Friday, November 14, 2008
The Movie "I, Worst of All" portrays the life of Sor Juana Ines de la Cruz. I watched it a couple of months ago, I think. Then, this past Wednesday, Sor Juana just came into my mind for no particular reason. I did a search on her and found her biography. I was reading it, when it occurred to me to wonder what her birthdate was. Lo and behold, it was the 12th of November! I was amazed that I happened to look her up on her birthday.
Sunday, October 19, 2008
The Associated Press
Thursday, October 16, 2008
LONDON - The British government is considering setting up a database of all phone and e-mail traffic in the country as part of a high-tech strategy to fight terrorism and crime, its senior law enforcement official said Wednesday.
The official, Home Secretary Jacqui Smith, said Britain's police and security services needed new ways to collect and store records of phone calls, e-mail messages and Internet traffic.
Technological changes have created an online world that is complex and fragmented, Smith said, and important information like telephone billing data is not always retained.
Opposition politicians and civil liberties groups condemned the idea, and the country's independent reviewer of terrorism laws, Lord Carlile, said the government should not be allowed to set up a vast "data warehouse."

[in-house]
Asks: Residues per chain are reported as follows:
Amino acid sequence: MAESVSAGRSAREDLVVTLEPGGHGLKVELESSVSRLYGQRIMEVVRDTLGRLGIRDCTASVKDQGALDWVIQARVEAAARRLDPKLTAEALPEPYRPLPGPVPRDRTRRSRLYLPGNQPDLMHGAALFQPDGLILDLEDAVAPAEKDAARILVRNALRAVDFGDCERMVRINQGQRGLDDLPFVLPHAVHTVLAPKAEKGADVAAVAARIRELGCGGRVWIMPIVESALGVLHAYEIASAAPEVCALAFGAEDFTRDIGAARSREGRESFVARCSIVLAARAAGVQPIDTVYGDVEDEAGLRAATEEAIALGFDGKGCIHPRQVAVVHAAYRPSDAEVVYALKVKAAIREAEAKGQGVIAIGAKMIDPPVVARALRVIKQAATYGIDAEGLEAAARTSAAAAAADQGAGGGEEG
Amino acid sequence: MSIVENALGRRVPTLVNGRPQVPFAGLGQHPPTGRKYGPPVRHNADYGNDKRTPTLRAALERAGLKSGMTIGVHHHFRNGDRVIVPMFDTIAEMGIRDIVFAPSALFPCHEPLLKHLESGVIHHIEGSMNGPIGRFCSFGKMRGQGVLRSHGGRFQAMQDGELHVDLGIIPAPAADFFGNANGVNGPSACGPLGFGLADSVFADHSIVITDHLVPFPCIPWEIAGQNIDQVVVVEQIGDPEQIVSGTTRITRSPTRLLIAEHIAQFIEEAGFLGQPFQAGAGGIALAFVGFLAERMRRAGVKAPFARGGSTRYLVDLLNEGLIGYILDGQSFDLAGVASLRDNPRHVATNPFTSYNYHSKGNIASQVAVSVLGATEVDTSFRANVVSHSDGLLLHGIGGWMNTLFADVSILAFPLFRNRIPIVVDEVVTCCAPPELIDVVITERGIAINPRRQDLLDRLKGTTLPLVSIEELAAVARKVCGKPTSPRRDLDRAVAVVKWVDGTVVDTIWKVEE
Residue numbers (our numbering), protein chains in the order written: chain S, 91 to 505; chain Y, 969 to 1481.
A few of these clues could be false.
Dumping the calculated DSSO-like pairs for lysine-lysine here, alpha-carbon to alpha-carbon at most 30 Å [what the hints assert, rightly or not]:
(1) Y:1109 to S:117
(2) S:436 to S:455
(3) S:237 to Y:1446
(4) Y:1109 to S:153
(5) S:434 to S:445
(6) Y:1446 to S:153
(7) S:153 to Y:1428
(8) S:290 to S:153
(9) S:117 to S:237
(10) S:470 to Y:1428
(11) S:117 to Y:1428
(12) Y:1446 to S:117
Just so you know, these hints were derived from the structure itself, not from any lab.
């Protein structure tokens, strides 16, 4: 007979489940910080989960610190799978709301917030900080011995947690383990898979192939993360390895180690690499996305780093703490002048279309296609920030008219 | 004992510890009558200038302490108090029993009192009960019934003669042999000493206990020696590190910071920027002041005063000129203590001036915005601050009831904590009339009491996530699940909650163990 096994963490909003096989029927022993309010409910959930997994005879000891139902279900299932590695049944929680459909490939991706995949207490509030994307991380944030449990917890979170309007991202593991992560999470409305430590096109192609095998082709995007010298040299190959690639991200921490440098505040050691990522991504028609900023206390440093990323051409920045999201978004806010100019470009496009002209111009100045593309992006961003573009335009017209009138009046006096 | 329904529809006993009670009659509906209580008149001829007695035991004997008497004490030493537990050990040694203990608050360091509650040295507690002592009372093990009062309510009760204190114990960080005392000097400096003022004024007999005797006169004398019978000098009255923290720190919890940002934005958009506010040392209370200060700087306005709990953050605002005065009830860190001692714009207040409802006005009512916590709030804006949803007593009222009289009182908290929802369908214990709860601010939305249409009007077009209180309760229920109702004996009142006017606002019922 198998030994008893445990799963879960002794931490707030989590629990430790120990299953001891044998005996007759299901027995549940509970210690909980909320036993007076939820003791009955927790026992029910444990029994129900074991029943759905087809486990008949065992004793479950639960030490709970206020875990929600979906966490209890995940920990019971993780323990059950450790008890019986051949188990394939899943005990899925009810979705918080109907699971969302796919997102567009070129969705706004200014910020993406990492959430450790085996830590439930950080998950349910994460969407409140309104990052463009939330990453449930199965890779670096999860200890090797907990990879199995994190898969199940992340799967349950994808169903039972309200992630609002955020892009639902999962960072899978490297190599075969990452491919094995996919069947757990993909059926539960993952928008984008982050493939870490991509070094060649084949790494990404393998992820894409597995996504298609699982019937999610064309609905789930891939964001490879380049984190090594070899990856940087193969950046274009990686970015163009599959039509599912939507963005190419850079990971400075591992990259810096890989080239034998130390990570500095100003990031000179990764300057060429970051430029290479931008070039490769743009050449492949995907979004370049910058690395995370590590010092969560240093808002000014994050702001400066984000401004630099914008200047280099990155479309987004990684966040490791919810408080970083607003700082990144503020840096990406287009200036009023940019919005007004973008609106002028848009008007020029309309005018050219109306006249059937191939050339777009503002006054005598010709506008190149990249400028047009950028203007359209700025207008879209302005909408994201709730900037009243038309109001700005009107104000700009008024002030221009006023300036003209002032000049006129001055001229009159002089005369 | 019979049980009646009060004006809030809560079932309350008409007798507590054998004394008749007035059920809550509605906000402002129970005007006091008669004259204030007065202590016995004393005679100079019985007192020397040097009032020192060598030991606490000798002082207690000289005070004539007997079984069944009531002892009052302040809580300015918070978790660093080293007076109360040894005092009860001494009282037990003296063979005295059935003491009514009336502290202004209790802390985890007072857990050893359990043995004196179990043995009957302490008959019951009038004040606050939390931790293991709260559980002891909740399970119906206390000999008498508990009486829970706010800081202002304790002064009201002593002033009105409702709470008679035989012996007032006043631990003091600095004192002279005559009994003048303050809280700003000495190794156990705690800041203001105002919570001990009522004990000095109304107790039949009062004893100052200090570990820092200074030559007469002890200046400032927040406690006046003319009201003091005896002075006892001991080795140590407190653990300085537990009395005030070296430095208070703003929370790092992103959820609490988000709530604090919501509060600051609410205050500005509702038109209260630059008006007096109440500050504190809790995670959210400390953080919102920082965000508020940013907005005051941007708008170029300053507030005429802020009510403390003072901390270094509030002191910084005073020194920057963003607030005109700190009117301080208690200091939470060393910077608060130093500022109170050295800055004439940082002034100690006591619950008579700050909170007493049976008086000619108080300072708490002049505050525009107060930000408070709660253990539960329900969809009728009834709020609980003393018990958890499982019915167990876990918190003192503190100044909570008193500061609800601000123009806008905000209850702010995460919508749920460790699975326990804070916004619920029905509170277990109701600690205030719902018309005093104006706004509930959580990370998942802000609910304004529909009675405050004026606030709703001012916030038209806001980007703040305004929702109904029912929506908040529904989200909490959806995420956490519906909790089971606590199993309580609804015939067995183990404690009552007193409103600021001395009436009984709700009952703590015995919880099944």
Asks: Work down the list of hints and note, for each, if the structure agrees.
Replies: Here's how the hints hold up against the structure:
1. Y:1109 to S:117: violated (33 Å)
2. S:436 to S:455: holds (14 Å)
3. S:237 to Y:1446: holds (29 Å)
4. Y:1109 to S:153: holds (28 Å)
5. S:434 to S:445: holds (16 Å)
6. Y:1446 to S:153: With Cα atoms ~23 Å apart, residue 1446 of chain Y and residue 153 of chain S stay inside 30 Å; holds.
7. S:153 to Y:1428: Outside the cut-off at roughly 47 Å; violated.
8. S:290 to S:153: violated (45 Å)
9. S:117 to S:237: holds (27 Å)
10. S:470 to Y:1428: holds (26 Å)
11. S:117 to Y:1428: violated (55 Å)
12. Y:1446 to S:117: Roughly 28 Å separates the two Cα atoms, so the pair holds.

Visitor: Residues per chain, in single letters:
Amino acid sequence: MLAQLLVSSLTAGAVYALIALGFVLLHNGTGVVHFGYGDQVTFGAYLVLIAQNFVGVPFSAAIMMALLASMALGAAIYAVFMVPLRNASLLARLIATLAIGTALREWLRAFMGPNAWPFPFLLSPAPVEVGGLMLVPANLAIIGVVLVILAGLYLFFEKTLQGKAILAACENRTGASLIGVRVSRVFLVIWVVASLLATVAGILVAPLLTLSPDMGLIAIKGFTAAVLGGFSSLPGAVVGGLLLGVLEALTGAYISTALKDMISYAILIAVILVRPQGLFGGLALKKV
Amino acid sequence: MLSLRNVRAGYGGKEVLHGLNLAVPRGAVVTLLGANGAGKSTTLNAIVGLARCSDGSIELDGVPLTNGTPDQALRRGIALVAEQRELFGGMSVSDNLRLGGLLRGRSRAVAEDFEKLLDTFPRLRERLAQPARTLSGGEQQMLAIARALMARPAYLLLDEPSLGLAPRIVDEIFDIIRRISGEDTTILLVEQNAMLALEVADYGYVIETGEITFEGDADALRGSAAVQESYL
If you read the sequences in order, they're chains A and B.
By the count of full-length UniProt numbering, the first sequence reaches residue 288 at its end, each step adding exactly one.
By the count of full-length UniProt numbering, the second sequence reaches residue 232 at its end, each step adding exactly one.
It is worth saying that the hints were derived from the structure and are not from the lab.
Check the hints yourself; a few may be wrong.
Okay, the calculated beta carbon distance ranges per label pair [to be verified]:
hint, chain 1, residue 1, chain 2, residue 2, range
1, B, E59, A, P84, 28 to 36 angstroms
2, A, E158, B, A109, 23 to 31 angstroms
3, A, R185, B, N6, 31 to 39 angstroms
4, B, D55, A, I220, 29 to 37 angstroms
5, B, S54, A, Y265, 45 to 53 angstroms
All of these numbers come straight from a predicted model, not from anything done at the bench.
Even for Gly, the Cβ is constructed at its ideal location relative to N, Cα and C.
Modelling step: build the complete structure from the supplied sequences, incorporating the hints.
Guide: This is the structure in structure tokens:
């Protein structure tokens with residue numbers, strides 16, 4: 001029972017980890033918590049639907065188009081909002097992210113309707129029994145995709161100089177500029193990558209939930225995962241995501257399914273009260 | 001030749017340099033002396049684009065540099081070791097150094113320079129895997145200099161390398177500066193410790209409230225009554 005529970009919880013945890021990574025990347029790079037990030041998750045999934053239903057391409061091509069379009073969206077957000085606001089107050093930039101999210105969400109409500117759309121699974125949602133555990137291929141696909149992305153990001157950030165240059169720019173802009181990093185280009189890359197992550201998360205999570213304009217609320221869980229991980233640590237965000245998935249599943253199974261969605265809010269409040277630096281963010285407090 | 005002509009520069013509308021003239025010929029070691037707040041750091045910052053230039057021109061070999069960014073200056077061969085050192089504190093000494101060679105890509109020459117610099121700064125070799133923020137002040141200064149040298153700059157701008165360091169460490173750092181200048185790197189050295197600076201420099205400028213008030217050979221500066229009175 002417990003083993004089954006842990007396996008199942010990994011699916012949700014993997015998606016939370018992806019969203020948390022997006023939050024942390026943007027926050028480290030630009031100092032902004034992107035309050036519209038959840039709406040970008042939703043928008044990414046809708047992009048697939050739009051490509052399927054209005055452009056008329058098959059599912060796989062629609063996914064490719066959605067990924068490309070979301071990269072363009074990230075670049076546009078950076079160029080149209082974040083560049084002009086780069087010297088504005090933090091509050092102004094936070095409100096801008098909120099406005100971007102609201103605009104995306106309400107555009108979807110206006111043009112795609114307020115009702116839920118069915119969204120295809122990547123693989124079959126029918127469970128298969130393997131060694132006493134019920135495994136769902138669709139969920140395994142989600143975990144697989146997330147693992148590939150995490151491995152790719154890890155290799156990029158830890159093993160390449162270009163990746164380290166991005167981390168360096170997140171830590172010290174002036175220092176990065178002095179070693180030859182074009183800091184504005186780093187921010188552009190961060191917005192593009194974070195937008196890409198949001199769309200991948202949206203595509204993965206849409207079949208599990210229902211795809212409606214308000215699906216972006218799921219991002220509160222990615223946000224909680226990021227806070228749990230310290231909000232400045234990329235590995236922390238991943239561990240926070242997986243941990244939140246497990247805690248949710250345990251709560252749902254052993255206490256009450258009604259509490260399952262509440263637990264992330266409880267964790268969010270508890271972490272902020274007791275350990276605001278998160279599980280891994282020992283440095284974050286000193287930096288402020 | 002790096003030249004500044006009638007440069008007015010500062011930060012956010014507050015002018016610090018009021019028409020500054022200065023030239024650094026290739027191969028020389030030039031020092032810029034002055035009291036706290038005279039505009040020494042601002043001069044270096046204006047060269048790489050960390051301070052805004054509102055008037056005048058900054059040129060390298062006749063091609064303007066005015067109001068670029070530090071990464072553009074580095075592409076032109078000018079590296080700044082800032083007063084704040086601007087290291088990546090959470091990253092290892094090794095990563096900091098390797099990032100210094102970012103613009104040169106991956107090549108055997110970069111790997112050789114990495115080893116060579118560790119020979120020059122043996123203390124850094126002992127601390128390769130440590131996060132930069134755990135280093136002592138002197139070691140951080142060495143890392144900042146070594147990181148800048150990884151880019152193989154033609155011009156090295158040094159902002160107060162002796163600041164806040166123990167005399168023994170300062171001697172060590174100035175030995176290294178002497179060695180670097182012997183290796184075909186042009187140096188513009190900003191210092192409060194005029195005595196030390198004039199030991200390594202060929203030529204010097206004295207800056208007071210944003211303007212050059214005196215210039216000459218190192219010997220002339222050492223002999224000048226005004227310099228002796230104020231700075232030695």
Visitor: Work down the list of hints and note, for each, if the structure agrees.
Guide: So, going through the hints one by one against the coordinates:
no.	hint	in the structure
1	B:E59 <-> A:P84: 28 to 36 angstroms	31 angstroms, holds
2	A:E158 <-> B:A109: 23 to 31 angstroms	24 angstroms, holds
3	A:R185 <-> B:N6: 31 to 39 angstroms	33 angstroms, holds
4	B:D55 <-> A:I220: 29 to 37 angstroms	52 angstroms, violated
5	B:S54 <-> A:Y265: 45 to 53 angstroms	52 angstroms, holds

The Home Office said one option was the creation of a database that would store all phone numbers dialed, Web sites visited and e-mail addresses contacted by everyone in Britain.
Officials emphasized that such a database would not store the content of phone calls or e-mail messages.
But Chris Huhne, the domestic affairs spokesman for the opposition Liberal Democrats, accused the government of hatching "Orwellian plans for a vast database of our private communications."
A civil liberties group, Liberty, said there were "huge dangers" in collecting so much data about every person in the country. "The bigger the data haul, the greater the temptation to treat innocent habits as suspicious behavior," said the group's policy director, Gareth Crossman.
Lord Carlile said any new law must include strict limitations and protections against abuse.
The government said that the database was just one of several ideas being considered and that no bills would be drafted until after public consultation next year.
My comment: Art / Life / Art sort of thing:
Interestingly, there is a series being shown on PBS right now on Masterpiece Contemporary, set in London, about just such a system being abused.
Friday, October 17, 2008
I seem to be constitutionally incapable of taking a straight square photo of a painting. Oh well. These clouds are PINK ... yes, believe it or not. Pale, pale pink, to be sure. I think they give a lot of life and dimensionality to the painting.
The sky is cutting into the foreground for the time being, so that when I reinforce the tree trunks they will be in front of the sky.
Thursday, October 16, 2008